Is anybody else starting to get a little worn out from the glut of DLC being released these days? As a concept, post-release DLC should be a golden idea, adding hours to a base product for a fraction of the cost with side stories that can offer some insight on a game’s campaign. While The Evil Within hasn’t fared poorly with a handful of story-drive DLC chapters, the third and final release, The Executioner, is a bit of an odd duck.
Although not as story-driven as the first two DLC packs released for The Evil Within, The Executioner tries to offer a glimpse into the origins of the Keeper, the safe-headed monstrosity that hunted Sebastian Castellanos for much of his time in STEM. While the Keeper’s story falls completely flat while remaining obtuse, the switch from survival-horror gunplay to first-person melee arenas offers an interesting, if flawed, change of pace, one that’s worth checking out if you really can’t get enough of The Evil Within.
Similar to its predecessors, The Executioner works to expand the lore of The Evil Within by exploring the past of another side character. Seeing as the original plot was a convoluted mess, it was surprising to see The Assignment and The Consequence actually tell a simple tale that gave some depth to the story. Unfortunately, The Executioner muddles everything up again. Clocking in at less than two hours, it doesn’t take the time to expound on anything beyond offering extremely brief diary entries and lab reports.
The settings found throughout the abbreviated campaign are also retreads of areas visited in The Evil Within, although this time they’re less fresh, less spooky and a lot less open for exploration. Instead of offering another round of survival-horror action, The Executioner has you running through disconnected areas as The Keeper from a first-person perspective, breaking areas up into brief arenas. It’s a jarring change of gameplay, and although the simplistic controls make it easy to switch gears quickly, it feels strange to run through familiar areas wielding a spiked hammer when they were tackled at a tense crawl before.
Combat is extremely simplistic, with attacks being limited to a single button. Although swinging the Keeper’s trademark hammer through a group of baddies does feel satisfying, it doesn’t have any weight to it, and when mixed with the static animations, the combat doesn’t feel nearly as visceral as a game like Condemned: Criminal Origins. Downed enemies drop coins which are used to purchase new weapons and consumables while also upgrading life points, defense and any purchased weapons. This system is extremely simplistic, and within two runs through the campaign everything was fully upgraded.
Executions are available from the beginning, as are traps such as spiked walls and spinning blades, but the animations for these are also limited and lead to more problems than awesome moments. While performing an execution, it’s impossible to dodge incoming attacks, and since some attacks take a bit of time to perform, they leave you open for longer than you’d like. Although The Executioner is hardly difficult, it’s still obnoxious not having the chance to dodge at all times.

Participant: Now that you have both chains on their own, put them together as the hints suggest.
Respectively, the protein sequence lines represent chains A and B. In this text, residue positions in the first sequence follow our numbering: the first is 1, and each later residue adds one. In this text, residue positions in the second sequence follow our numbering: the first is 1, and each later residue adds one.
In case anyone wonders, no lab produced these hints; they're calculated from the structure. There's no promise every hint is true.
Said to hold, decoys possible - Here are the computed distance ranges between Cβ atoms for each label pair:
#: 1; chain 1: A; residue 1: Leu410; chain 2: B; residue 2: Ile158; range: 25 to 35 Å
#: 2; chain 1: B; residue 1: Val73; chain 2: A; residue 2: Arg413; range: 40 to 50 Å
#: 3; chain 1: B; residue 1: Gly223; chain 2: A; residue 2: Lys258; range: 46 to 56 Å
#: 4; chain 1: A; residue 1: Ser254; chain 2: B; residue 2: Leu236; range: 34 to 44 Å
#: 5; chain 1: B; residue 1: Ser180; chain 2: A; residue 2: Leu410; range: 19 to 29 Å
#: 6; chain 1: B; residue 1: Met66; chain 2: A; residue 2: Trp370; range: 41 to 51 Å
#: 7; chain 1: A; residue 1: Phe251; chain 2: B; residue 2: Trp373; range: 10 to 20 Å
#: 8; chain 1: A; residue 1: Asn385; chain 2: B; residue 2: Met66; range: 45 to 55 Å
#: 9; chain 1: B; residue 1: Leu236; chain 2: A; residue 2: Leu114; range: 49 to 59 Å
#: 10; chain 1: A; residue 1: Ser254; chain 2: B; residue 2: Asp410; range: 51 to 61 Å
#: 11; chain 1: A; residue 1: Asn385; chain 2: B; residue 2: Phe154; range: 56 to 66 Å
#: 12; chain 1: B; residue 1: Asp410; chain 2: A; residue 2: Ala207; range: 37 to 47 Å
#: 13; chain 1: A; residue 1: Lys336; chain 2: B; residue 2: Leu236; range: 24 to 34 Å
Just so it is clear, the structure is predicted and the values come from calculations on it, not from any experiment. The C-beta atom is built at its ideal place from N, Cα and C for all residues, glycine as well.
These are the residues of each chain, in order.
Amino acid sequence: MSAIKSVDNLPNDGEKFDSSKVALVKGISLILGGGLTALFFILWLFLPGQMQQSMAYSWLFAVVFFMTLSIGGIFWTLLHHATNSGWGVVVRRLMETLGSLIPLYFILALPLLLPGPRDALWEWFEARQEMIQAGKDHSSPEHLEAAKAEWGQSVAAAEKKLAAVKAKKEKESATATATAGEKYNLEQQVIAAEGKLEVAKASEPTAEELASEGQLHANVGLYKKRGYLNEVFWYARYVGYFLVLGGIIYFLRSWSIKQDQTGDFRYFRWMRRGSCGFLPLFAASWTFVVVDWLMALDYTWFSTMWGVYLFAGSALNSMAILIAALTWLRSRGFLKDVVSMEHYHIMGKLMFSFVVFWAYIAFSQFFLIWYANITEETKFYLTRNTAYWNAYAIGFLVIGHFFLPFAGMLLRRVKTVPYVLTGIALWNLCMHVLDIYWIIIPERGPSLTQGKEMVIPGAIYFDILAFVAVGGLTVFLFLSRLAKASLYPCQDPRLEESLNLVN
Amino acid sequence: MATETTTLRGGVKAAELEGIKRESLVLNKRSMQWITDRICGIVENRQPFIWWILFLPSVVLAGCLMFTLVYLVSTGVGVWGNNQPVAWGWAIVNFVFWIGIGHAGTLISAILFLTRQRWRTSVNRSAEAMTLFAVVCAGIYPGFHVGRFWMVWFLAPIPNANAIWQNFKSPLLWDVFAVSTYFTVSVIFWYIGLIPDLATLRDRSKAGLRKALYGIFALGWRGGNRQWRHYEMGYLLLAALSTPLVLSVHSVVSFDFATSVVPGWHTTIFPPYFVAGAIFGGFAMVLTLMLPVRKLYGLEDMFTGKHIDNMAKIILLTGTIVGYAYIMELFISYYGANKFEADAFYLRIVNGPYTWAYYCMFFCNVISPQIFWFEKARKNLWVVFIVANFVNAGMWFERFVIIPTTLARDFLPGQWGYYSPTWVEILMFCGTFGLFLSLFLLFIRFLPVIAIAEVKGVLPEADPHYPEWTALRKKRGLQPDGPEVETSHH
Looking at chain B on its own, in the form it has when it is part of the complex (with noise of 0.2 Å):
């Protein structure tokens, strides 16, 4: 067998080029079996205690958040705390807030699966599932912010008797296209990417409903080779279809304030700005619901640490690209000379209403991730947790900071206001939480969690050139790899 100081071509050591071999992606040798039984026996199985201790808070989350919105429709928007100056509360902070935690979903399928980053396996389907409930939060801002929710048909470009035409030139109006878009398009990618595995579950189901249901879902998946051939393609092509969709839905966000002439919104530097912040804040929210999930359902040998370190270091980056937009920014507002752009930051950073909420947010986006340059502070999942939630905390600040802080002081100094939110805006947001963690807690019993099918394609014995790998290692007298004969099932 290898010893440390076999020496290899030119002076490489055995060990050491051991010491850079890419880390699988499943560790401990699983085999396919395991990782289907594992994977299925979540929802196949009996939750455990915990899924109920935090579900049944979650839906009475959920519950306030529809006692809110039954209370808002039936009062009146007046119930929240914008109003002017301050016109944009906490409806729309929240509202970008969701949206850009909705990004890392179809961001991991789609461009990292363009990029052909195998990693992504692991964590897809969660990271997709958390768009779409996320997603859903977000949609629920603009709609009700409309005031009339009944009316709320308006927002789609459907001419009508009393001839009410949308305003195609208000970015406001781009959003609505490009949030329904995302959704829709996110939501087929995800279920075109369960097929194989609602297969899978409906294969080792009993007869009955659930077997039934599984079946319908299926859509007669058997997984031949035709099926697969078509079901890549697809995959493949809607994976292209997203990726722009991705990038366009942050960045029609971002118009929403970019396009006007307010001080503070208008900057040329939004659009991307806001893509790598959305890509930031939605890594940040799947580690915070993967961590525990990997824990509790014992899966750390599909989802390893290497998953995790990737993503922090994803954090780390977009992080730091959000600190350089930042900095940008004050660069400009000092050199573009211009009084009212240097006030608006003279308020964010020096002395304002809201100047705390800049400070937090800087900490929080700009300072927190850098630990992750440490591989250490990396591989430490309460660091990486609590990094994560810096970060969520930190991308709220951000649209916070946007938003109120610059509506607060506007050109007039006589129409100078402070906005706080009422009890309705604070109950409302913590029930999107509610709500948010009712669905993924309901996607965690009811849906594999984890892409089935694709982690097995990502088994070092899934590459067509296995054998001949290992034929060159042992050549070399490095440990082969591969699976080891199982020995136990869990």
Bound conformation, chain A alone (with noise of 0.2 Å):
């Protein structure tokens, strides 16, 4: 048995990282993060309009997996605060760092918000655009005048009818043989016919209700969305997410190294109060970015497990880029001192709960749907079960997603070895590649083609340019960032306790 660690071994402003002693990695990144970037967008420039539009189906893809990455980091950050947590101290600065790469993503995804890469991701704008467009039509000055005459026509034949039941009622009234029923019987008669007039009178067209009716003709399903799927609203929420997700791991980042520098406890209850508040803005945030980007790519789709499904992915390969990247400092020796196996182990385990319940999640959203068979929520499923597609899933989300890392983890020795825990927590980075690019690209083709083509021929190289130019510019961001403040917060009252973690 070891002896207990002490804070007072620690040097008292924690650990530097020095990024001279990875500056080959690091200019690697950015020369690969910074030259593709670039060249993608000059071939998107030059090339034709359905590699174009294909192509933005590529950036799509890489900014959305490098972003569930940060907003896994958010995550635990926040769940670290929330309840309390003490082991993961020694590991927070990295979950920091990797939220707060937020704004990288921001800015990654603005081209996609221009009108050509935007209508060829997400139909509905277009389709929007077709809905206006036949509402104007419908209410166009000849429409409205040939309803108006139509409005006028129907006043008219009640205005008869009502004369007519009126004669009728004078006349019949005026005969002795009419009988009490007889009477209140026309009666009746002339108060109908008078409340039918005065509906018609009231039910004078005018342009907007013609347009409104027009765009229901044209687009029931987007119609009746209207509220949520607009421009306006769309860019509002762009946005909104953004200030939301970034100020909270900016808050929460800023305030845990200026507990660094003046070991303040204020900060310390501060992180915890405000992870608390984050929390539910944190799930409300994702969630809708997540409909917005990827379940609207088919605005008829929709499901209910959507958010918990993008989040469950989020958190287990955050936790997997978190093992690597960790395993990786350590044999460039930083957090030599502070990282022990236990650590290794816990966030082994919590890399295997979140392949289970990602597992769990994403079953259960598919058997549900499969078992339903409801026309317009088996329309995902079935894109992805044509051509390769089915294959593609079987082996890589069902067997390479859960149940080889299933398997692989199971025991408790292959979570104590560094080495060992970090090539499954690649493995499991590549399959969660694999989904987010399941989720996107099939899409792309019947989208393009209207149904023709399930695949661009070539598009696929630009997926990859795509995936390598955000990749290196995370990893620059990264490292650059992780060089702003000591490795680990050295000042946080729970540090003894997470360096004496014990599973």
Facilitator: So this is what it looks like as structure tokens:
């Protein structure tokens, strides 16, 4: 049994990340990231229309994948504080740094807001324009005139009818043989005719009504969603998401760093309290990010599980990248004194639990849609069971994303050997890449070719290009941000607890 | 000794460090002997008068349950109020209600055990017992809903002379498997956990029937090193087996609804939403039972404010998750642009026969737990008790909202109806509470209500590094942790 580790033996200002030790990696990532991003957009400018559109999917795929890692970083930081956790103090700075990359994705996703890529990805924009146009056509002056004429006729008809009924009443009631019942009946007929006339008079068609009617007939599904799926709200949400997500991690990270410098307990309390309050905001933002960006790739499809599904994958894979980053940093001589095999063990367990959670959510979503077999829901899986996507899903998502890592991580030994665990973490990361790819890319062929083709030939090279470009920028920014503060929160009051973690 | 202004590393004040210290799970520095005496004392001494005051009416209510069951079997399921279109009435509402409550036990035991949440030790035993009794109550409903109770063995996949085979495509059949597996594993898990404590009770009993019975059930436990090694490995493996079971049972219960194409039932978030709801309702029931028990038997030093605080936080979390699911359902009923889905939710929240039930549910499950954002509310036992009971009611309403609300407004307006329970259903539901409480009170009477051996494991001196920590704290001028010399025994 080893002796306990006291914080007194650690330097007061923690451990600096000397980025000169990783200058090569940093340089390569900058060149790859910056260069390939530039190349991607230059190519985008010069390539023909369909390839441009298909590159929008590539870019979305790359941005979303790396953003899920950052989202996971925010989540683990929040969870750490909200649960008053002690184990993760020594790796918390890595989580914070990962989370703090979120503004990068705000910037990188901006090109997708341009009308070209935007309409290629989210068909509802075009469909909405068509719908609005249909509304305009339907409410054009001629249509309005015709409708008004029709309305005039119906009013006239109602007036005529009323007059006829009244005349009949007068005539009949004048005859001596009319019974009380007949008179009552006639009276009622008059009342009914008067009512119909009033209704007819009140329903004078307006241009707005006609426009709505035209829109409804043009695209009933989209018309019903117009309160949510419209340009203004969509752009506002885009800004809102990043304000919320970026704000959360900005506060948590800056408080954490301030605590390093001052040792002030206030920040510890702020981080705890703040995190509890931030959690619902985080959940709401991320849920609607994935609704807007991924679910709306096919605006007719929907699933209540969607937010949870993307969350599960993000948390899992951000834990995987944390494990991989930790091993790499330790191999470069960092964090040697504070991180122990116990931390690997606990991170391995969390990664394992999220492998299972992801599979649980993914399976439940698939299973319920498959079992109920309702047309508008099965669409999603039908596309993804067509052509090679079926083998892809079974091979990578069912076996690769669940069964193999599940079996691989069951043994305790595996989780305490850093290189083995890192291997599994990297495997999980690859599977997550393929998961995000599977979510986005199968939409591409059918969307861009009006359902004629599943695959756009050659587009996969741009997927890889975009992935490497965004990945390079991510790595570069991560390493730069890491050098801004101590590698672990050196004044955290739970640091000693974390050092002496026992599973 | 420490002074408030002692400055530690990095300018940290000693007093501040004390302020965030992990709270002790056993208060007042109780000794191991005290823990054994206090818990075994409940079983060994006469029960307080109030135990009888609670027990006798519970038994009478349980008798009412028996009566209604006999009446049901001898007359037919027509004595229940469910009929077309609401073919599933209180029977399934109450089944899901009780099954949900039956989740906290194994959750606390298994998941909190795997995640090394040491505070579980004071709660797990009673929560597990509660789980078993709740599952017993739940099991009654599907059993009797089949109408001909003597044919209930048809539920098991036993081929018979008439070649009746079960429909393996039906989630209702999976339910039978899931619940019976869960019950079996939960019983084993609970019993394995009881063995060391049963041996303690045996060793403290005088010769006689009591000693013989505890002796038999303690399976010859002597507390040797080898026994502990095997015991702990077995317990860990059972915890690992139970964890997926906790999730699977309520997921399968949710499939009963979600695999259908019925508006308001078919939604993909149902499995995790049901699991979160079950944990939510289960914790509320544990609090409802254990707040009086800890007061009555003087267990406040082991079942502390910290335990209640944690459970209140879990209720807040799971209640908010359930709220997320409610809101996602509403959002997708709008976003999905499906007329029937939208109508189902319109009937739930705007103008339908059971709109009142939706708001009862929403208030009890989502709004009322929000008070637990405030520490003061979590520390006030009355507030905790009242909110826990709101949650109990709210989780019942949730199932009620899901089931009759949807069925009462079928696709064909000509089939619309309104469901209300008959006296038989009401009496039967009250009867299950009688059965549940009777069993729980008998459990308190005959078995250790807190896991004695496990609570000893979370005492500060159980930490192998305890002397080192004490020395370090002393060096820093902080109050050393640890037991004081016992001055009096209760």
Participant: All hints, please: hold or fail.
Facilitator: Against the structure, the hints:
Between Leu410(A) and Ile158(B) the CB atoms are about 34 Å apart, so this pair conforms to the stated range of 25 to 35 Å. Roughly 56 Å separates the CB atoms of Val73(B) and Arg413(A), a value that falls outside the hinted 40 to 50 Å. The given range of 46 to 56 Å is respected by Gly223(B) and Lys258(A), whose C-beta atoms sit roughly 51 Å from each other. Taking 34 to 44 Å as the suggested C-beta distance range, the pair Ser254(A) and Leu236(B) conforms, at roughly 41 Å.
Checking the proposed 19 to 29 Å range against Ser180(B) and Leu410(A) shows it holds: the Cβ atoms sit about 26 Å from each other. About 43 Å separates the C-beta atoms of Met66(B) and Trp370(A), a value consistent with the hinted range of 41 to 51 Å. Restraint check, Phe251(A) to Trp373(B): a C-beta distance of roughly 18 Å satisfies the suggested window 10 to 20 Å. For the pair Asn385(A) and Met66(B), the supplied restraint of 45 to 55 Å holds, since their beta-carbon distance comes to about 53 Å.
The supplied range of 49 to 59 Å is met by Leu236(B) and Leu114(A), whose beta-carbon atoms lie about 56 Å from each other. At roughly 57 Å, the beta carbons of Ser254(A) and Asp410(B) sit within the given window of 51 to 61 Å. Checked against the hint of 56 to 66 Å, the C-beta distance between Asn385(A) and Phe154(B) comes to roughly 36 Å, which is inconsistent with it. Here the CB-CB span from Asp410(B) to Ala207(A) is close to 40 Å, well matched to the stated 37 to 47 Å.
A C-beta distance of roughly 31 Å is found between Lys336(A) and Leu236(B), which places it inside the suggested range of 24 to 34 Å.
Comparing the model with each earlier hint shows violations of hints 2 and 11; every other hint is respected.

There are also only a handful of enemy types, while the boss battles that make up each arena are revisits of enemies seen in The Evil Within, with the exception of a fairly interesting final battle. As expected from Tango Gameworks, New Game+ is unlocked after beating the campaign, which unlocks a new weapon and an entertaining callback to the Keeper’s first encounter with Sebastian.
For all of the problems The Executioner has, though, it’s a commendable release for a few reasons. The reasonable price point of $4.99 makes it easy to forgive the dearth of content, especially for rabid fans of the inevitable series, and the New Game+ mode genuinely adds another hour or two of fun, as does a list of simple combat objectives that injects a bit of strategy to the arenas. The first-person gameplay is by no means deep or engaging, but it is functional and an interesting spinoff from the main series. It would have been easy for Tango to cobble together another few hours of same-y survival-horror tropes, but they took a risk that, while not mind-blowing, isn’t a complete disaster.
Although the low price point makes it accessible to everyone, only diehard fans will enjoy stepping back into STEM again from yet another perspective. While the new gameplay style isn’t one I would advise Tango to revisit any time soon, it served as an entertaining diversion for a few hours, giving us a glimpse into yet another side story that doesn’t really go anywhere. Obviously, fans will find something to love in The Executioner, and at a fair price, too. Just don’t expect anything on par with the original experience.
This review was based on a PlayStation 4 copy of the game given to us for review purposes.
Although the new arena-based melee combat is an interesting and commendable sidestep from The Evil Within, The Executioner doesn't offer much in the way of a story or deep combat, making up for it with a low price and decent replayability.